Call yourself a Doctor Who fan? In that case, let’s see how many of these facts you already knew…
- The Doctor’s regeneration was an accident
When William Hartnell played the first Doctor between 1963 and 1966, he began having health problems toward the end of his run. To ensure that the show could continue, the writers decided that to give the Doctor the ability to regenerate, something that would soon become a part of the character’s mythology.
- The show is ‘banned’ in China
Doctor Who is one of a few television programs that are banned in China. This decision to ban is because the country’s government authorities don’t want to promote anything featuring time travel that could be seen as re-writing history.
- The Daleks didn’t catch on with some creators
When Sydney Newman was the head of drama at the BBC (and one of the show’s original creators), he firmly stated that he did not want to use bug-eyed monsters in the series. “I wrote in my memo that there would be no bug-eyed monsters in Doctor Who. And after a few episodes, [producer] Verity Lambert turned up with the Daleks!” he wrote. Newman wasn’t happy until Lambert explained the terrifying concept of the creatures.
- There are more than 100 lost episodes
Back in the 1960s and 1970s, when archiving media was much more difficult than it is today, more than 100 episodes of the show were deleted, destroyed or lost. Some of the show’s biggest fans were able to step in and help by providing their own personal copies until the library was almost rebuilt.
- Some have turned down the chance of playing the Doctor
Actors including Hugh Grant and Benedict Cumberbatch turned down the opportunity to play the Doctor. Hugh Grant said no because he worried the show wouldn’t be a hit. What’s more, back in the 1980s, a suggestion to revitalise the show included making the Doctor a woman. When this happened again in 2008, Catherine Zeta-Jones was cited as a top pick.
- A Michael Jackson movie?
Late in the 1980s, Paramount Pictures proposed a Doctor Who movie featuring Michael Jackson as a Time Lord. For one reason or another, this never happened.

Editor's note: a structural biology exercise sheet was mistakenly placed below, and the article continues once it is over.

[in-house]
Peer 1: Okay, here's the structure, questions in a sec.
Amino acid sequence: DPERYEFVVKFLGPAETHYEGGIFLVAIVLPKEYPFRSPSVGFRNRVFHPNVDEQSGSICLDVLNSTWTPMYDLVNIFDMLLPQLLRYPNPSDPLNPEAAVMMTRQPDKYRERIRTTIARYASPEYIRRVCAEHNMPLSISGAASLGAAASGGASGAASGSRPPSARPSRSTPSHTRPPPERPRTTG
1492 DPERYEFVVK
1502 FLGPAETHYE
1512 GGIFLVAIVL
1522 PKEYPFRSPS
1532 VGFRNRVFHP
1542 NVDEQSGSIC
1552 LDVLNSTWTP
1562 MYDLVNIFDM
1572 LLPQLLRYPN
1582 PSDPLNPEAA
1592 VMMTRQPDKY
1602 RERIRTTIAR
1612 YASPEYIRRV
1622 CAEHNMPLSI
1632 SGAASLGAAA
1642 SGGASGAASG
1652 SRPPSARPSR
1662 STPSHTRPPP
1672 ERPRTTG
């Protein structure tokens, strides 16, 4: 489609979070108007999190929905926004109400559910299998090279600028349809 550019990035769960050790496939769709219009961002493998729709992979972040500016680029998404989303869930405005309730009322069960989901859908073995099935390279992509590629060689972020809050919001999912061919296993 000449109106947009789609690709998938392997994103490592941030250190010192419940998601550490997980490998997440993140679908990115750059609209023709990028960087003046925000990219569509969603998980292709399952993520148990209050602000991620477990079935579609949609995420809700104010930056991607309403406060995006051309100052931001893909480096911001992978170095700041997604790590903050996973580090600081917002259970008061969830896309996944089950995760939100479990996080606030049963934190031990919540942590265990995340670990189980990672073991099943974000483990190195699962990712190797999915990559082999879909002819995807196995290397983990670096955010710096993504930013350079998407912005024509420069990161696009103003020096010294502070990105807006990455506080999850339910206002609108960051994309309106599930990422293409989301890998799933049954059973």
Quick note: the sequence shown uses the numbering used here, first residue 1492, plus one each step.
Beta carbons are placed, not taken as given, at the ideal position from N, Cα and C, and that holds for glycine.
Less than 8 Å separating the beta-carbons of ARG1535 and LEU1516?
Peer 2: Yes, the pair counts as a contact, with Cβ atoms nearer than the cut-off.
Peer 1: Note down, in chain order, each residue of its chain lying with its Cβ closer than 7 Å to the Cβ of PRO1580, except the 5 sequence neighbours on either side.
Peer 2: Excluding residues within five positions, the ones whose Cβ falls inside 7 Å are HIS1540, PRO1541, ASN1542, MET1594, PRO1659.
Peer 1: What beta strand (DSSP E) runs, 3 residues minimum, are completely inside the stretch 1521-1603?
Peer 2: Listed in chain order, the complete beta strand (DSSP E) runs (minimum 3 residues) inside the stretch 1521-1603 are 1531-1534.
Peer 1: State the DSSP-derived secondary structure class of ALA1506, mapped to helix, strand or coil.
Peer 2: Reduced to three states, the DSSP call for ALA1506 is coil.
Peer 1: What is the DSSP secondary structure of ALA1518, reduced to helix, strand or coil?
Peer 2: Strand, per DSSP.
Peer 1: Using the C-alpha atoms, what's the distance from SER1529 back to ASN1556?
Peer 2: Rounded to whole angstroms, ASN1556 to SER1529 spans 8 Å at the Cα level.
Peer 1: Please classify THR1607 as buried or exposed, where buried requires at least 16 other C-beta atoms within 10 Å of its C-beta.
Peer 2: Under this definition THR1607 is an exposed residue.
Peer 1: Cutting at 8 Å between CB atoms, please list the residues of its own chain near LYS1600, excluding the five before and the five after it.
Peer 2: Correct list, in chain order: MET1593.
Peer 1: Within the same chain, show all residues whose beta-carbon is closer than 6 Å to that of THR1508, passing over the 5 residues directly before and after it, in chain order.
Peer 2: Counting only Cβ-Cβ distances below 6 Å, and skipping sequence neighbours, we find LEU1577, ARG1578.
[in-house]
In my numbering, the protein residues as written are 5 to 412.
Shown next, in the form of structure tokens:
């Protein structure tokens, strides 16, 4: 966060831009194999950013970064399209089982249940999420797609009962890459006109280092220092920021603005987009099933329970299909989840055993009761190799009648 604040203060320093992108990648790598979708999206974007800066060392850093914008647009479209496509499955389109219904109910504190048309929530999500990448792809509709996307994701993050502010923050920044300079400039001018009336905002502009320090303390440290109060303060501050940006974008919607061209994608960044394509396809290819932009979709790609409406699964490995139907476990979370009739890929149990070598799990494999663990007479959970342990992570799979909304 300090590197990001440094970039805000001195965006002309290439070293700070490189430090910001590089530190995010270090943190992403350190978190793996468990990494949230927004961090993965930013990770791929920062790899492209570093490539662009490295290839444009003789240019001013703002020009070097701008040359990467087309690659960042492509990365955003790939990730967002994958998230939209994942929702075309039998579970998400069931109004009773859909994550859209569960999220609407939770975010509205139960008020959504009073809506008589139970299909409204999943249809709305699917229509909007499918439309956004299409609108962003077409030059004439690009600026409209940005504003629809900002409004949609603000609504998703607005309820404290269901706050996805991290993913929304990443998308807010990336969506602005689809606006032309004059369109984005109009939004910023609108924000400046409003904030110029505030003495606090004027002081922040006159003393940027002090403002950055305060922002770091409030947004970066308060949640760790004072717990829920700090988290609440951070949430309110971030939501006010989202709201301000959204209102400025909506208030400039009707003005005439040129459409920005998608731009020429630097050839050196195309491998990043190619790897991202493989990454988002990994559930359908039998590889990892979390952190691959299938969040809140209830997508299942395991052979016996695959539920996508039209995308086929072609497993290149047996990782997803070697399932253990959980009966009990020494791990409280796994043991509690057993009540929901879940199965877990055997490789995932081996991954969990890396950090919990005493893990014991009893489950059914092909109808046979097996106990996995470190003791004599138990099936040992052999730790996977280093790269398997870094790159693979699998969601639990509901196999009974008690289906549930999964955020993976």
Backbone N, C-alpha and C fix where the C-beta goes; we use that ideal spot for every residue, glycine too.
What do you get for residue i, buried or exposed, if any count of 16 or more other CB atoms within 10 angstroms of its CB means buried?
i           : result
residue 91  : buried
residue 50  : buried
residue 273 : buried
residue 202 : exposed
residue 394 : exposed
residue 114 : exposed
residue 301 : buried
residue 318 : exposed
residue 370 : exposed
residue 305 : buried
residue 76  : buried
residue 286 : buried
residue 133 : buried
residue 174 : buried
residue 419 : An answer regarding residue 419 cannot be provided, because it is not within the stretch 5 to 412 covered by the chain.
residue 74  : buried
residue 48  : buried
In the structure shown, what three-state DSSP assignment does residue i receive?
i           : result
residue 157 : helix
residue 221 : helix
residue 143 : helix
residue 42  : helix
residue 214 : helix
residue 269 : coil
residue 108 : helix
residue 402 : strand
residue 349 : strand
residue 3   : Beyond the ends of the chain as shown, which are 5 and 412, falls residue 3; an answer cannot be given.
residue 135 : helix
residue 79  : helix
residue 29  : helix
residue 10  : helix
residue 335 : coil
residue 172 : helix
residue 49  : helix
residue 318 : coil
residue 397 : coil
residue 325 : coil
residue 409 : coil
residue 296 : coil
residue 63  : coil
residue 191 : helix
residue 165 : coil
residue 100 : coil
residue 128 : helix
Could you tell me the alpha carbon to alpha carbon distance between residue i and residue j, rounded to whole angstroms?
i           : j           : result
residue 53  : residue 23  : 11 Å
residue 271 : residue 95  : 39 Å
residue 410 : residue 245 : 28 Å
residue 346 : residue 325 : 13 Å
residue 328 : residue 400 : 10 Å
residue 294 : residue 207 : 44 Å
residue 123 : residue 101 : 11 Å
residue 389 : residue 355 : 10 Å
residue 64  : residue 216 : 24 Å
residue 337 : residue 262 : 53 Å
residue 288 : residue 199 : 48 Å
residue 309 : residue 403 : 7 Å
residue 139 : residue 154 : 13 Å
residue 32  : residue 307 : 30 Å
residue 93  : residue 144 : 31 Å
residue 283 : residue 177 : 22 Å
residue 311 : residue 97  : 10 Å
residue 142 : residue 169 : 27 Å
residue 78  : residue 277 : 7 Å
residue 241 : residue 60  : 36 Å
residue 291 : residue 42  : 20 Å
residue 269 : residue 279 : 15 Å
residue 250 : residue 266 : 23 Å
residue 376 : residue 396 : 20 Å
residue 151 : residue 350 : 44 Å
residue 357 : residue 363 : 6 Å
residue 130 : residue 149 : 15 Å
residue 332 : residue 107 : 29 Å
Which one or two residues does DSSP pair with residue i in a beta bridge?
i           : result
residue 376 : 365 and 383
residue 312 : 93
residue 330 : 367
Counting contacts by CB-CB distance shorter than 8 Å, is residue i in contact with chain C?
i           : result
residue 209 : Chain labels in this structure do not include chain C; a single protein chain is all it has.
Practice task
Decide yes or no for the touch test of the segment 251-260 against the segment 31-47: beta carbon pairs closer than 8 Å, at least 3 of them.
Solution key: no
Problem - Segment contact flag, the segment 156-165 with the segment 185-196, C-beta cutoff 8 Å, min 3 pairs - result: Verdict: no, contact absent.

- It took six whole years to trademark the Tardis
As a huge fan, you’ll know that the name Tardis stands for Time and Relative Dimension in Space but did you know that the case to trademark the name didn’t happen until 2002. After years of selling Tardis-branded merchandise, the BBC decided to trademark it, but it was prevented by the Metropolitan Police. Eventually, the BBC won, and the police were forced to pay £850 plus legal costs.
- Author Douglas Adams wrote several episodes
Famous sci-fi author Douglas Adams, best known for his novel ‘The Hitchhiker’s Guide to the Galaxy’, was commissioned to write a few episodes for the show. He ended up writing four episodes in total and became a script editor in 1979.
- Ridley Scott was supposed to design the Daleks
Famous for Alien and Blade Runner, director Ridley Scott worked for the BBC at the time of Doctor Who’s creation. After being assigned the task of designing the Daleks, Scott decided to leave the network to pursue his dream. It was Raymond Cusick who ended up designing the fearful creatures we now know so well.
- The Doctor might actually be a Doctor after all
According to the second Doctor (played by Patrick Troughton), the Doctor is, in fact, a real Doctor. In the fourth season, he’s asked by his companion, Polly, whether he is a medical doctor. He replies, “I think I took a degree once in Glasgow. 1888 I think.”
Fascinating stuff but, of course, if you don’t believe us then you can do your own digging to find out more. A good place to start is The Who Shop in London where you can not only buy a huge range of Doctor Who memorabilia but take a look behind the scenes at real props, scripts and artefacts from the show.
This sponsored post has been produced in partnership with The Who Shop.